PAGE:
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7. And he arose, and departed to his house.

8. But when the multitudes saw it, they marvelled, and glorified God, which had given such power unto men.

9. And as Jesus passed forth from thence, he saw a man, named Matthew, sitting at the receipt of custom : and he saith unto him, Follow me. And he arose, and followed him.

give sins, or to raise a sick man; for it could not be affirmed that that of forgiving is easier than this of healing ; but which is easier, to claim this power or that ; to say, Thy sin be forgiven thee, or to say, Arise and walk? .... It would be easier for a man equally ignorant of the French and Chinese languages to claim to know the last than the first. Not that the language itself is easier, but that in the one case multitudes could disprove his claim in the other hardly a scholar or two in the land."— Trench.

THY SINS BE FORGIVEN THEE. God's FORGIVING LOVE is like the ocean which covers in its depths with equal ease a mole-hill or a mountain.

REFERENCE-vi. 9-13.

8. AND GLORIFIED GOD.-Bunyan's Pilgrim at the cross when his burden of sin falls from his back. He leaps for joy, and three shining ones come to him, one saying, “Thy sins are forgiven thee.” Another strips him of his rags and clothes him with a new robe. The third sets a mark on his forehead and gives him a book with a seal upon it.

9. AND HE SAID UNTO HIM, Follow Me.

“When Christ calls, he also draws. “Come,' says the sea to the river. Come,' says the magnet to the steel. •Come,' says the spring to the sleeping life of the field and forest.”—C. Stanford.

PICTURE.— The Calling of Matthew, Bida, Carracci.

AND HE AROSE (he forsook all, Luke) AND FOLLOWED HIM.It was the forsaking of a bad business and the remorse of conscience which grew out of it, of a disreputable life, of disloyalty to

his country, of great temptations to dishonesty, of bad companionship. The repentant sinner always forsakes many things which it is blessed to leave behind, as the

What He
Forsook.

10. | And it came to pass, as Jesus sat at meat in the house, behold, many publicans and sinners came and sat down with him and his disciples.

A.D. 28.

Spring. CAPERNAUM. SECOND YEAR. MATTHEW'S

FEAST. to

drunkard his cups and his rags, as Bunyan's Pilgrim left behind him the City of Destruction and the burden of sins on his back.

“The choice of Matthew, as an apostle, illustrates the power of the cross to elevate obscure and commonplace lives.”—Chadwick.

THE BEAUTIFUL WINDOW FROM REJECTED GLASS." Macaulay tells of a poor apprentice who made a cathedral window entirely out of pieces of glass that his master had condemned and thrown away. But when completed the window won the admiration of all. The master's boasted work was rejected, and the window made by the unknown artist from condemned material was given the place of honor in the great cathedral.” So Christ takes fallen and sinful human souls, and is constructing out of them a beautiful temple of the Holy Ghost; and his glory and love shining through them, as the sun through pictured windows, makes them radiant with divine beauty.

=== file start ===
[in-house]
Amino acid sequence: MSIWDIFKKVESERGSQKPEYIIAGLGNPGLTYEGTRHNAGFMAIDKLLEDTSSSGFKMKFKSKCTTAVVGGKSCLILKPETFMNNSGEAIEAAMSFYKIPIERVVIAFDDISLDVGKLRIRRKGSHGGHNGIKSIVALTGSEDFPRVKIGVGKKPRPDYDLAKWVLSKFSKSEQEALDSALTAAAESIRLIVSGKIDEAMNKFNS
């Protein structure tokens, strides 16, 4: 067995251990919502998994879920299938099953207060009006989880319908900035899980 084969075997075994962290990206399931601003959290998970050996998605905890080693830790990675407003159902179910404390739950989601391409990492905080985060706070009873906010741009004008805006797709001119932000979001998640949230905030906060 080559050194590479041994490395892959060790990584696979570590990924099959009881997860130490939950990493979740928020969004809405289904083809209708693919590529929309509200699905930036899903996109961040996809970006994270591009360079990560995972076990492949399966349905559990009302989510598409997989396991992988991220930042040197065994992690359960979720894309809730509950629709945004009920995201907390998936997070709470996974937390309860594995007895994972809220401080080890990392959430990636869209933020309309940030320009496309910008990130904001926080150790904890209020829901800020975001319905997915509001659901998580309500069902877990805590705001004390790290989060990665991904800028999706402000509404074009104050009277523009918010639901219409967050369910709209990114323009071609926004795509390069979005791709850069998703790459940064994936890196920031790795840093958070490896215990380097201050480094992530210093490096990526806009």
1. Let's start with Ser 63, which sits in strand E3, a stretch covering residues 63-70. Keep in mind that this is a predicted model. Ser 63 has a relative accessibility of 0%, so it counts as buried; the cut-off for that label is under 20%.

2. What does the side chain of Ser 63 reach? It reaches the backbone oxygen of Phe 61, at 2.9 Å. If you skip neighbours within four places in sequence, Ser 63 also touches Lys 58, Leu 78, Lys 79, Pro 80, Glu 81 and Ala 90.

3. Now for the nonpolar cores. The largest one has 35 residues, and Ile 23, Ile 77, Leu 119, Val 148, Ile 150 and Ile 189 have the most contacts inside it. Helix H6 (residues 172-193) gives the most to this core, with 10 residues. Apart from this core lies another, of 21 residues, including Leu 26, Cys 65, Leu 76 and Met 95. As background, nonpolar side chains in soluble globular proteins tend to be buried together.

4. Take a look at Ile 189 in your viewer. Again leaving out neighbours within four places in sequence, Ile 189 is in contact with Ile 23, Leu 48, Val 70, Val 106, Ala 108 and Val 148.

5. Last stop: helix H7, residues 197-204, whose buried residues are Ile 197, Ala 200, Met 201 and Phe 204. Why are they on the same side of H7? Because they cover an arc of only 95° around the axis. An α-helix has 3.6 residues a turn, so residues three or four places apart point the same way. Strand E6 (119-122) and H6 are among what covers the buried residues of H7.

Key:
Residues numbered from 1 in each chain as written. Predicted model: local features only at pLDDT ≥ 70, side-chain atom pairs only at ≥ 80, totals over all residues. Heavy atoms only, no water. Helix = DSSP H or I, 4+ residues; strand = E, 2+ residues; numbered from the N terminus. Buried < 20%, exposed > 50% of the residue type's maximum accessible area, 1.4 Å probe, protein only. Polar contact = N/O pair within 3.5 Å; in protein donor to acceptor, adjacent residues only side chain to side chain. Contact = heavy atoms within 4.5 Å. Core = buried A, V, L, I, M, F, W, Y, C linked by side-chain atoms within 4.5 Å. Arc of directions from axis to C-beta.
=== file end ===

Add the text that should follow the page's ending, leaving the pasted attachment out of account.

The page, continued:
WONDROUS POSSIBILITIES.—One reason why Jesus chose a publican for one of the twelve was probably to give an object-lesson of hope to the most disreputable of sinners, those hound with the strongest fetters of sin. None were too far away for his gospel to reach and save them, none too deep in the mire of sin to be lifted from its depths even to the heights of glory.

“ Each human soul is like a cavern full of gems. The casual observer glances into it through some cranny, and all looks dark and sullen. But let light enter into it, lift a torch up to the walls, let God's sunlight fall into it and flood its open recesses, and lo! it will flash with crystals and with amethysts, and each separate crystal will quiver under the touch of brightness with a transporting discovery of its own nature.”—Farrar.

THE AROMATIC CLAY, praised for its fragrance, said, “I was but common clay till roses were planted in me.”

11. And when the Pharisees saw it, they said unto his disciples, Why eateth your master with publicans and sinners ?

12. But when Jesus heard that, he said unto them, They that be whole need not a physician, but they that are sick.

13. But go ye and learn what that meaneth, I will have mercy, and not sacrifice : for I am not come to call the righteous but sinners to repentance.

11. WHY EATETH YOUR MASTER WITH PUBLICANS.—“You cannot elevate, you cannot improve any whom you utterly despise. You cannot bring the best out of a man if you do not believe that the best is somewhere in him.....

“ The moon turns but one side to the earth; it has anothei side in which there may be silver lights and shades undreamed of, seen

only by the angels of God. So there are two sides to Seeing your character and mine..... the Best nan. “You think a person dull-why, that is because you

are dull. An angel has been with you and you have known it not, and I imagine that to a spirit full of malice and selfconceit an angel would be very dull. ....